White bears, 2016

White bears, 2016

Single-channel video 00:05:00, 3D-printed porcelain

Thousands of thoughts are generated in our minds daily. Although, the vast majority goes unnoticed, certain thoughts become salient for our short- and long-term behavior. These thoughts largely express our ideal state of being, including our self-image, our needs and our goals and are in-sync with our emotions. We often feel that we control such thoughts to fulfill our potential as individuals. However, there are also thoughts that are unpleasant and disruptive. These thoughts set us in a state of internal conflict. They may be the expression of unpleasant memories or redundant and even harmful actions. Crucially, it is often difficult to escape unwanted thoughts, as they are uncontrollable and intrusive. Moreover, not only are we tormented as individuals in the privacy of our minds by unpleasant thoughts, but we are often worried whether others might also perceive them. In fact, this latter type of worry appears to be common not only in psychiatry, which uses the term “thought broadcasting” to describe this, but also in popular media culture, particularly in societies were privacy and conformity are of great importance.

Already in 1863, Fyodor Dostoevsky emphasized the difficulty to control unwanted thoughts: “Try to pose for yourself this task: not to think of a polar bear, and you will see that the cursed thing will come to mind every minute”. However, it took more than 100 years to test this in the experimental setting. According to pivotal studies by Wegner and colleagues, subjects who were asked not to think of a white bear during several minutes were more inclined to become preoccupied with that thought. Indeed, subsequent experiments showed that thoughts we want to suppress ironically become more accessible than thoughts we want to remember. Thought suppression may, therefore, lead to obsessionality and increased anxiety and even low-mood or depression. In its term, when people are anxious or depressed they are more prone to be tormented by continuous unwanted thoughts.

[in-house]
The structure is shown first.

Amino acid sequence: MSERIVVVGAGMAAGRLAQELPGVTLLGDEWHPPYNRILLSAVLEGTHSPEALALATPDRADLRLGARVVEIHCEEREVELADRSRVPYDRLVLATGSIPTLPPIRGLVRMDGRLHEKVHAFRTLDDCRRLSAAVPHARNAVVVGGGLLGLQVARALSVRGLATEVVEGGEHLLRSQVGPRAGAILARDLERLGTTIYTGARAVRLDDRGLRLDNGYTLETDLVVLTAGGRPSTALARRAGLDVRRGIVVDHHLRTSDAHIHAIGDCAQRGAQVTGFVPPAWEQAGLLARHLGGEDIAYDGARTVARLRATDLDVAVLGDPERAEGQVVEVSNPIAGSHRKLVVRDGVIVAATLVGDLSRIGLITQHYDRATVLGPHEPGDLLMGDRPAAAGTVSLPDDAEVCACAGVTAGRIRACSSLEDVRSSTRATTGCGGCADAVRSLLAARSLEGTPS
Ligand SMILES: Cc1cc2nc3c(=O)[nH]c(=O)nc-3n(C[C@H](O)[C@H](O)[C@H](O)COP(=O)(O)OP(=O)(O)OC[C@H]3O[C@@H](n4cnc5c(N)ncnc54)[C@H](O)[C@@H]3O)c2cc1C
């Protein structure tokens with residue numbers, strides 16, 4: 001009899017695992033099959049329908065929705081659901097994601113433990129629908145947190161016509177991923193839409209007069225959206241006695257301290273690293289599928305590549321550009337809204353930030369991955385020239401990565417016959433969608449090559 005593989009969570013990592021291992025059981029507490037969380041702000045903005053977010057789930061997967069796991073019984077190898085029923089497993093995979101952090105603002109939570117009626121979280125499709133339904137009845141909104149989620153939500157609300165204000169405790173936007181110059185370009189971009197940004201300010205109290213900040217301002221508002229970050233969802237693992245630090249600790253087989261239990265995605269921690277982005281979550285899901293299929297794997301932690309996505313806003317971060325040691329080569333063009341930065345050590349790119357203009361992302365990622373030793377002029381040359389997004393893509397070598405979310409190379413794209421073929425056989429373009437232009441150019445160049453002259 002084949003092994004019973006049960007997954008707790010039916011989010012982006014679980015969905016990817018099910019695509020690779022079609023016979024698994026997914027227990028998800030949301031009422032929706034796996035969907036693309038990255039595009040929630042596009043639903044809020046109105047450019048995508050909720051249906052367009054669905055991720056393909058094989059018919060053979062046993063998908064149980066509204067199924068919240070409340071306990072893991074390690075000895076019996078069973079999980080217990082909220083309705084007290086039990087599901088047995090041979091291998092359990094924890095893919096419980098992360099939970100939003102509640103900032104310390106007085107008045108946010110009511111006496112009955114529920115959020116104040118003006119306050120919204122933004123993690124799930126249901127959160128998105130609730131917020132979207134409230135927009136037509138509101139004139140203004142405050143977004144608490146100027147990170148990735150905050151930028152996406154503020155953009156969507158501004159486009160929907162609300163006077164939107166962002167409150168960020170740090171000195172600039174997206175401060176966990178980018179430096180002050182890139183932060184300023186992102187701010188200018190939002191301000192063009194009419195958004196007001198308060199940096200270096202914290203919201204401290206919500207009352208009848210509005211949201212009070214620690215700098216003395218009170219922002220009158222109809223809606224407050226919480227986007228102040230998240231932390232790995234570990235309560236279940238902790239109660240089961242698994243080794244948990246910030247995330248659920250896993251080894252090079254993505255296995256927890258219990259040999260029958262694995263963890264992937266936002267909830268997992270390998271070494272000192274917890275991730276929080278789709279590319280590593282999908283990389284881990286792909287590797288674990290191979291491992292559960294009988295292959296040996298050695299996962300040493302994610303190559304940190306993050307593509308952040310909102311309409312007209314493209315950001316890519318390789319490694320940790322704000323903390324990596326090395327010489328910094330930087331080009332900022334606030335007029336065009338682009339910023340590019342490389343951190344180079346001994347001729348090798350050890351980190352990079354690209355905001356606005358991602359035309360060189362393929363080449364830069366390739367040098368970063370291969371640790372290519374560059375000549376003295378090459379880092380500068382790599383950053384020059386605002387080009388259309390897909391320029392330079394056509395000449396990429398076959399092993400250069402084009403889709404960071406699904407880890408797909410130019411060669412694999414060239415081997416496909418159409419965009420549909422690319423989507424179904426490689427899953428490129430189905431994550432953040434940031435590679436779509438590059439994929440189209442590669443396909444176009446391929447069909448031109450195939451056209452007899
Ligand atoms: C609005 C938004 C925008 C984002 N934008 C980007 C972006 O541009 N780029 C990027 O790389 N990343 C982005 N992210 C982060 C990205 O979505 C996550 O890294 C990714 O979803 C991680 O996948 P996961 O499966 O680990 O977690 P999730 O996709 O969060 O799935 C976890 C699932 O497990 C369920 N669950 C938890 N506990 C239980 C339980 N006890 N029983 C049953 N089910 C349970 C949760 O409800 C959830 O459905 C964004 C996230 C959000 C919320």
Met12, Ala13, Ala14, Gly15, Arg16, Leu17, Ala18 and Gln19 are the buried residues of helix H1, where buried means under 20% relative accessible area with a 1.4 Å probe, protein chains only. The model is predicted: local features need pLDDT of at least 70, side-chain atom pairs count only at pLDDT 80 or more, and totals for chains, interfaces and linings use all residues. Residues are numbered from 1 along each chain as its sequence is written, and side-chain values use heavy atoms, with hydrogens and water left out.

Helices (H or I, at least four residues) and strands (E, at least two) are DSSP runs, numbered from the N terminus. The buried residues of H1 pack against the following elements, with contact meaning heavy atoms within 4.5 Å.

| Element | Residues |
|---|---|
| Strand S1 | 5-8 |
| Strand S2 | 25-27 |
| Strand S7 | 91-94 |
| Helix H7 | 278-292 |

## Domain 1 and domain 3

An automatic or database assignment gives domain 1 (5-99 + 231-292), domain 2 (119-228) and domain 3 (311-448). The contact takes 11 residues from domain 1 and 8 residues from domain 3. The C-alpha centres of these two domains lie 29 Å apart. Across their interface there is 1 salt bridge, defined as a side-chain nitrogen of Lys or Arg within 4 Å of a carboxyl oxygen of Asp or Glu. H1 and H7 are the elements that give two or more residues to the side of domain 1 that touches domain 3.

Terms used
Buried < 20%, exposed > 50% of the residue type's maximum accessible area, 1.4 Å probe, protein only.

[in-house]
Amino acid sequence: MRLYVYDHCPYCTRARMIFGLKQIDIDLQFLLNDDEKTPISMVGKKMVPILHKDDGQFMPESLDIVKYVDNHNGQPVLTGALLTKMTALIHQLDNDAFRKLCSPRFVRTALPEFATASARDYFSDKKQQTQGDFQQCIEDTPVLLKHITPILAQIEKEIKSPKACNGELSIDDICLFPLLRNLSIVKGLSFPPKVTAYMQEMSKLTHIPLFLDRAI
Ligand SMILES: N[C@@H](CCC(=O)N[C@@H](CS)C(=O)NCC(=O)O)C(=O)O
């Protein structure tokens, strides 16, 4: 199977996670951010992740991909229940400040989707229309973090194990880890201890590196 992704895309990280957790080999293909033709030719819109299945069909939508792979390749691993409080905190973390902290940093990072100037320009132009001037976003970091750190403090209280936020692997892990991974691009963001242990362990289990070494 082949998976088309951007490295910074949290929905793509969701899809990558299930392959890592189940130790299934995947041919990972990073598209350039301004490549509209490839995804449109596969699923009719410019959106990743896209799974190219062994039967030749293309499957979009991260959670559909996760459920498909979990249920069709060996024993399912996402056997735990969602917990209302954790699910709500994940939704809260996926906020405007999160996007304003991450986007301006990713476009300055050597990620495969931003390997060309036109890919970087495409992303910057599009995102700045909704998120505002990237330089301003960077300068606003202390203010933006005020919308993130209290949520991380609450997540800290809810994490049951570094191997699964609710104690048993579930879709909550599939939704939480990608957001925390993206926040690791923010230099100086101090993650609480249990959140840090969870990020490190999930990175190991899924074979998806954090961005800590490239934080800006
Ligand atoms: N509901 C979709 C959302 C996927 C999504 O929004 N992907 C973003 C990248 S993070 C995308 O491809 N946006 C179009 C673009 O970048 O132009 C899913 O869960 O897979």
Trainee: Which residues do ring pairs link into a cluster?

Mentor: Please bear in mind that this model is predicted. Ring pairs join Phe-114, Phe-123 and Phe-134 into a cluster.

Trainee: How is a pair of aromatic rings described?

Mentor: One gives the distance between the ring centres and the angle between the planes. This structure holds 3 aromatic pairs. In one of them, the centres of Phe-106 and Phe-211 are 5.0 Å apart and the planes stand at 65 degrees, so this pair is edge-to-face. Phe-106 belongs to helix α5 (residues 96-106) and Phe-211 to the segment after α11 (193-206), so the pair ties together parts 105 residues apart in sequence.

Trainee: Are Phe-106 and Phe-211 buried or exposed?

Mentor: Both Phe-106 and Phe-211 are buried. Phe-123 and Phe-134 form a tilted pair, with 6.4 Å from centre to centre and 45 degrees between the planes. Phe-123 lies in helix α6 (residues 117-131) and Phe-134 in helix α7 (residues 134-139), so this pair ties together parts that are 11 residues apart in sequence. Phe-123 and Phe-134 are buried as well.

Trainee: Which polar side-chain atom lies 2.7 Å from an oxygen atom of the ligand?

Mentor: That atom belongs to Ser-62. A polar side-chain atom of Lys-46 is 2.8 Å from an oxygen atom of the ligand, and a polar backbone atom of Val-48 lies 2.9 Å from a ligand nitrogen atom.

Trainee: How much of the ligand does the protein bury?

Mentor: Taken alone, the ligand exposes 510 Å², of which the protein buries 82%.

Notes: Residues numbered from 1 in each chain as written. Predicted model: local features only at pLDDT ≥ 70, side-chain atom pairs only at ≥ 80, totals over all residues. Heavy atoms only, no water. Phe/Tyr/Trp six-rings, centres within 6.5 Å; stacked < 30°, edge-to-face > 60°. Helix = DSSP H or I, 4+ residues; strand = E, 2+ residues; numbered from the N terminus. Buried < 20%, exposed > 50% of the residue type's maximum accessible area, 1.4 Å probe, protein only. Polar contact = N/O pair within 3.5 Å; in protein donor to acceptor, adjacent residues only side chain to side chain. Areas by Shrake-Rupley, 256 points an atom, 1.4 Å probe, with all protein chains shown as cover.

How do we then empty our minds? This project aims to create objects, products of unwanted thoughts, in order for participants to physically perceive them and store them away. By using an EEG-reader, I will capture 8 different channels of brain activation, while asking participants to actively engage in thoughts they wish to suppress. I will then 3D model the recordings and 3D print them using black matt porcelain, analogous to the creation of my latest project ‘Grandmother/Heirloom’. However, in contrast to the previous project, here my goal will be to create objects from thoughts we want to erase from our minds. For the exhibition, I would also like to create portraits of all participants, but overlay them with black color, so that their distinct features are lost. No contours or traces will remain visible. The use of black is purposeful, as it is reminiscent of death, emptiness and even black holes – negative places in space, where from nothing escapes.

Additionally, I plan to shutter the porcelain to the ground as part of a ceremonial process, reminiscent of a funeral. This is to remind that despite our struggles with unwanted thoughts, they all cease to exist at the time of death. The broken porcelain will also remain as evidence of incomplete information, which has been depleted of its meaning. My ultimate and final goal is to create a museum of thoughts. All works I have created so far have been part of this effort. It is surprising that in our societies, where there is an unpreceded multiplicity of spectacles, there is so little space for thoughts. I believe that through my works, which focus on the visualization and embodiment of thoughts, understanding of ourselves and others can be facilitated. The focus here is not on the appearance of the object, but its genuine relation with its source – for example a memory or a thought. Also, the durability of thought-based objects allows them to be used as heirlooms for future generations. They may be part of a heritage of durable creations that may convey the very fundamental mental states of our times to the generations to come.